A Wilderness of Glass – Grace Draven

THE VESTIBULE just outside the busy kitchens hummed with conversation and the thump of wet boots. One by one, the musicians shed their footwear for the clean shoes they’d carried with them during the slow wagon ride up the castle hill. Brida Gazi laced her shoes with shaking fingers, still cold from the winds blowing off the Gray to scour the bluff on which Castle Banat perched. She blew on her hands to warm them before tucking them under her arms for additional heat. “I can hardly tie my shoes,” she complained to the woman seated next to her. “I won’t be much good on the flute if I can’t move my fingers.” Haniss nodded, eyeing the fire they glimpsed in the kitchen with a longing gaze, flames dancing merrily in the giant hearth. “Maybe they’ll let us stand by the cooking hearth for a few moments to warm up and dry off a little.” She caressed the mandolin in her lap as if it were a favorite cat. “It isn’t just us who’ll need warming before we play. I don’t even want to hear what these strings sound like right now.” The trip had been a miserable one with the salty mists spraying off the Gray to descend upon them in a light drizzle. She had huddled in her thin cloak, clutching her flute with one hand and holding her place on the low-sided dray wagon with the other. Autumn had brought the annual rains, and this evening had been much like the ones before it for the past fortnight—wet and chilly. It could have been worse.

Thunder boomed in the distance, heard even in the depths of the keep, behind thick stone walls. At their arrival in the bailey, the wagon driver had given their troupe a brief frown and a warning as he glanced at the horizon where lightning bolts split the heavy clouds. “Be prepared for a drenching on the way home,” Odon Imre said. “And a long ride as well. I’ll not be pushing Voreg here to go fast on muddy roads. I’d rather get you home late than dead.” A scullery maid appeared at the threshold between vestibule and kitchen, a spoon in one hand. She offered the musicians a quick smile. “Cook says you can gather by the fire to warm yourselves. Just don’t get in the way or have a chat-up with the rest of us.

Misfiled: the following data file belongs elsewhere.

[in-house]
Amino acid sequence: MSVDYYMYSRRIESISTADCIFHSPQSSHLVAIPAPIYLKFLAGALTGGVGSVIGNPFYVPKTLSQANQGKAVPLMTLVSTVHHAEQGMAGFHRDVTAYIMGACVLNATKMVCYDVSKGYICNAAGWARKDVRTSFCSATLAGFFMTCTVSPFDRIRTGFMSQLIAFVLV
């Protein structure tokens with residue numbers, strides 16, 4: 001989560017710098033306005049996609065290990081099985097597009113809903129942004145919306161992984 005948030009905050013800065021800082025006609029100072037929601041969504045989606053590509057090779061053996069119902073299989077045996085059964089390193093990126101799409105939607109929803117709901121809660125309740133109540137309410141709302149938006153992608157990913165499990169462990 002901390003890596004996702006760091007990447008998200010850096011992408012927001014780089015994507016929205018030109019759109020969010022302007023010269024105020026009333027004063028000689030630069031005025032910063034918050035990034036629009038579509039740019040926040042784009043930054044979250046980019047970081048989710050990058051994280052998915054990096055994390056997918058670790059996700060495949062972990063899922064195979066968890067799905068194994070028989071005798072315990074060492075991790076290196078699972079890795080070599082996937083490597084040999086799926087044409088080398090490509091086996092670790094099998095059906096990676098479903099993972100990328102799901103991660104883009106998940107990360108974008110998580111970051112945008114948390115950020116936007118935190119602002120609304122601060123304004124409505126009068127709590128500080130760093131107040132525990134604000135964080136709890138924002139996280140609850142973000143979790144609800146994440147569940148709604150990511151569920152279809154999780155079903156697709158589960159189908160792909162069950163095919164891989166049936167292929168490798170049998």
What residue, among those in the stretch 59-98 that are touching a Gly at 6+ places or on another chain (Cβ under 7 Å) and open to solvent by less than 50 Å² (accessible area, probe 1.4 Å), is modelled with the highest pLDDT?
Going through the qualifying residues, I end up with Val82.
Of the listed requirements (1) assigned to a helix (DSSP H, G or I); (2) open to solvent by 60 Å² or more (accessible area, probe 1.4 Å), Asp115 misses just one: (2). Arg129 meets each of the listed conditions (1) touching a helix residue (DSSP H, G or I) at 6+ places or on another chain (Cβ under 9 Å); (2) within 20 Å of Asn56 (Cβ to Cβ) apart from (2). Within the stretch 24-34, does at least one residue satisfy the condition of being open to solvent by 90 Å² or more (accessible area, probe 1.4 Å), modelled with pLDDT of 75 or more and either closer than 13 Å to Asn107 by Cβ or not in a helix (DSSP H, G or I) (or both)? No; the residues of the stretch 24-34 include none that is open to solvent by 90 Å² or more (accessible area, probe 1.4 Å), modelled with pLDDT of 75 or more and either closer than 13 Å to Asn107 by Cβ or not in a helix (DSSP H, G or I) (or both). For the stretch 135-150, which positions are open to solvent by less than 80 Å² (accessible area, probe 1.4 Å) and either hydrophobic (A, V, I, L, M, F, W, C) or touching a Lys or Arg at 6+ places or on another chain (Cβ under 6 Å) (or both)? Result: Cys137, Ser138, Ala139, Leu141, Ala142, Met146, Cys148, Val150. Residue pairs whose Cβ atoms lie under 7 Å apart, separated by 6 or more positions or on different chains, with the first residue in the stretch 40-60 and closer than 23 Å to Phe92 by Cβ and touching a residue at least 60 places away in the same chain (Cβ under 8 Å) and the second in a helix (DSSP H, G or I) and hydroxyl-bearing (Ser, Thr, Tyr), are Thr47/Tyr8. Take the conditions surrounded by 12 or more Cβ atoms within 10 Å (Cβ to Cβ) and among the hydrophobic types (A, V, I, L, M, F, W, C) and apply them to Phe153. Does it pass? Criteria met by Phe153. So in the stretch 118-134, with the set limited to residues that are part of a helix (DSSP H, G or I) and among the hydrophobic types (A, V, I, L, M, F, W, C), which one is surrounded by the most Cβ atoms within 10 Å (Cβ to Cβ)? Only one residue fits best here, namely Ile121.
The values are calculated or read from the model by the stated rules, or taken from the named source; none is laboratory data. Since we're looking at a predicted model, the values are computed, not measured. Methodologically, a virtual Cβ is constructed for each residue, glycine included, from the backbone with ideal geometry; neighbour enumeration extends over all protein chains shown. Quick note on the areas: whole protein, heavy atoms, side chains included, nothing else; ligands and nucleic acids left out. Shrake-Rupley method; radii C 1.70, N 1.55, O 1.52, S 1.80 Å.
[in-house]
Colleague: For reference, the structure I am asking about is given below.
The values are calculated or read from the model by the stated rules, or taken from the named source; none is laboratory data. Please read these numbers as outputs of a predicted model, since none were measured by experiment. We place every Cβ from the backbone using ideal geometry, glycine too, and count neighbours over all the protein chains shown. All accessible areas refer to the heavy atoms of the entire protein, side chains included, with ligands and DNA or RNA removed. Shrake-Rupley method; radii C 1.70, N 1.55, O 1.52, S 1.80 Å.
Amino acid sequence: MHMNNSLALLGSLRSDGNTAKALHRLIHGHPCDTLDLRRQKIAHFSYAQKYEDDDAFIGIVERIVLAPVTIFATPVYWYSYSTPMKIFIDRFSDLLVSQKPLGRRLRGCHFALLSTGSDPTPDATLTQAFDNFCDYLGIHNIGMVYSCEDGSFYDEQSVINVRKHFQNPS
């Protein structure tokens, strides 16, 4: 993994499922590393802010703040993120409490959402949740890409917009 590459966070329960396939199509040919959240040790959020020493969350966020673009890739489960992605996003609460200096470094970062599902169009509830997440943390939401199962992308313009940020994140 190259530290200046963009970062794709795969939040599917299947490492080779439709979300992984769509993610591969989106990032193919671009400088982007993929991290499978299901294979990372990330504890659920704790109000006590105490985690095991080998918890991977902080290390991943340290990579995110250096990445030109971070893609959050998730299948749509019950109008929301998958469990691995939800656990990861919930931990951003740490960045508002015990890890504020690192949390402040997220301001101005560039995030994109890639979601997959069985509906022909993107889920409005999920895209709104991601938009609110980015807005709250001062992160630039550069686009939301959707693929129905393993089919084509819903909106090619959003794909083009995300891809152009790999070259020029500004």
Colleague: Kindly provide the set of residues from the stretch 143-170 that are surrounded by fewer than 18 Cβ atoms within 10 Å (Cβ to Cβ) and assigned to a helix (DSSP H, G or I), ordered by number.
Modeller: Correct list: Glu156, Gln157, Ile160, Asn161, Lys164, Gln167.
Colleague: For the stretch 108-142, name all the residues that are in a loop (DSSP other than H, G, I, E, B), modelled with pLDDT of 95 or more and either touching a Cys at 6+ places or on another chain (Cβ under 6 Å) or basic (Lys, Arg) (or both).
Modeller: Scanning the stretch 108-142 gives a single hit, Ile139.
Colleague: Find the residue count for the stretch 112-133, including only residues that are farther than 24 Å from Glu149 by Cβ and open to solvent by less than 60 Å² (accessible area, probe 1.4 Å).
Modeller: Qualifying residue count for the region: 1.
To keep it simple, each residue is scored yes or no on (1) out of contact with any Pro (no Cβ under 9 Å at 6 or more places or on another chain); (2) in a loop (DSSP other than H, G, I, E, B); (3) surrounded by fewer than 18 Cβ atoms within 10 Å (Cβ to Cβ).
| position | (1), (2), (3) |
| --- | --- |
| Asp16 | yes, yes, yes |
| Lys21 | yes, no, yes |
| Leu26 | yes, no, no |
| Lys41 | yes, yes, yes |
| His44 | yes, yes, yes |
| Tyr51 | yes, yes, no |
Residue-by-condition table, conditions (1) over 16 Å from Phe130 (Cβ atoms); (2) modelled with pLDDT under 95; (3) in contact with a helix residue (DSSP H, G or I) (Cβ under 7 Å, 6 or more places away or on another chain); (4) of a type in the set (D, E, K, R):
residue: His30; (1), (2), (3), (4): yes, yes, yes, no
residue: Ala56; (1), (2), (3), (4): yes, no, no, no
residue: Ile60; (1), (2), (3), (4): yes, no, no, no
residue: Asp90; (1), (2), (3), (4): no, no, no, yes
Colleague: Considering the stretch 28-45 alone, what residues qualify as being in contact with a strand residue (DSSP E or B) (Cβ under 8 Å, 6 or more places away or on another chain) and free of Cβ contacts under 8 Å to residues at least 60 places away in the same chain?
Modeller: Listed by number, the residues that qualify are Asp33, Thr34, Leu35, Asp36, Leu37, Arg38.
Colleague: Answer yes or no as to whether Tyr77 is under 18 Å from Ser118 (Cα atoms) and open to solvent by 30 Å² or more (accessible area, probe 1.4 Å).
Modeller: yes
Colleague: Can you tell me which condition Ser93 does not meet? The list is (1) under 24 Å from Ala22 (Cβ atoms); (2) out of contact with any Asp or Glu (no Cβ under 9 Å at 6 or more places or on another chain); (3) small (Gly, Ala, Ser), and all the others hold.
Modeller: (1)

” She leapt back to keep from being trampled as the five of them bolted for the kitchen and the promise of heat the hearth offered. Brida was the last to leave, and she paused before the wide-eyed maid. “I saw your mama today, Aliz. She wanted me to tell you not to forget that pot of pepper you promised when you come home in a few days.” She chuckled at the maid’s frustrated eyeroll. “I wish I’d never said anything about it. You’re the fourth person who’s delivered that message to me. If I were my da, I’d start to feel jealous over the attention she’s paying to a container of spice!” The various scents of food stewing in pots, roasting on spits, and frying in pans made Brida’s mouth water. She’d eaten at home a few hours earlier, but the meal had been nothing as tempting as the smells wafting through the great kitchen at the moment. The castle’s cook, a tall, whip-thin man with a stare sharper than the knife he currently wielded, stalked toward them.

Maids and undercooks scurried out of his path. He gestured with the blade and addressed them in a startlingly dulcet voice. “Once you get the cold out of your hands, you can have something to eat over there.” He pointed the knife to a long table set against the far wall. “Lord Frantisek says a wellfed musician plays better, and he expects you to give your best tonight.” Exclamations of delight greeted his announcement, along with assurances that each musician would offer up their best performance for the pleasure of his lordship’s guests. Haniss leaned down to whisper in Brida’s ear. “His lordship is much different from his wife, I think. If it were up to Ziga’s sister, we’d be playing in the bailey in the downpour.” “If it were up to Lady Frantisek, we wouldn’t be here at all.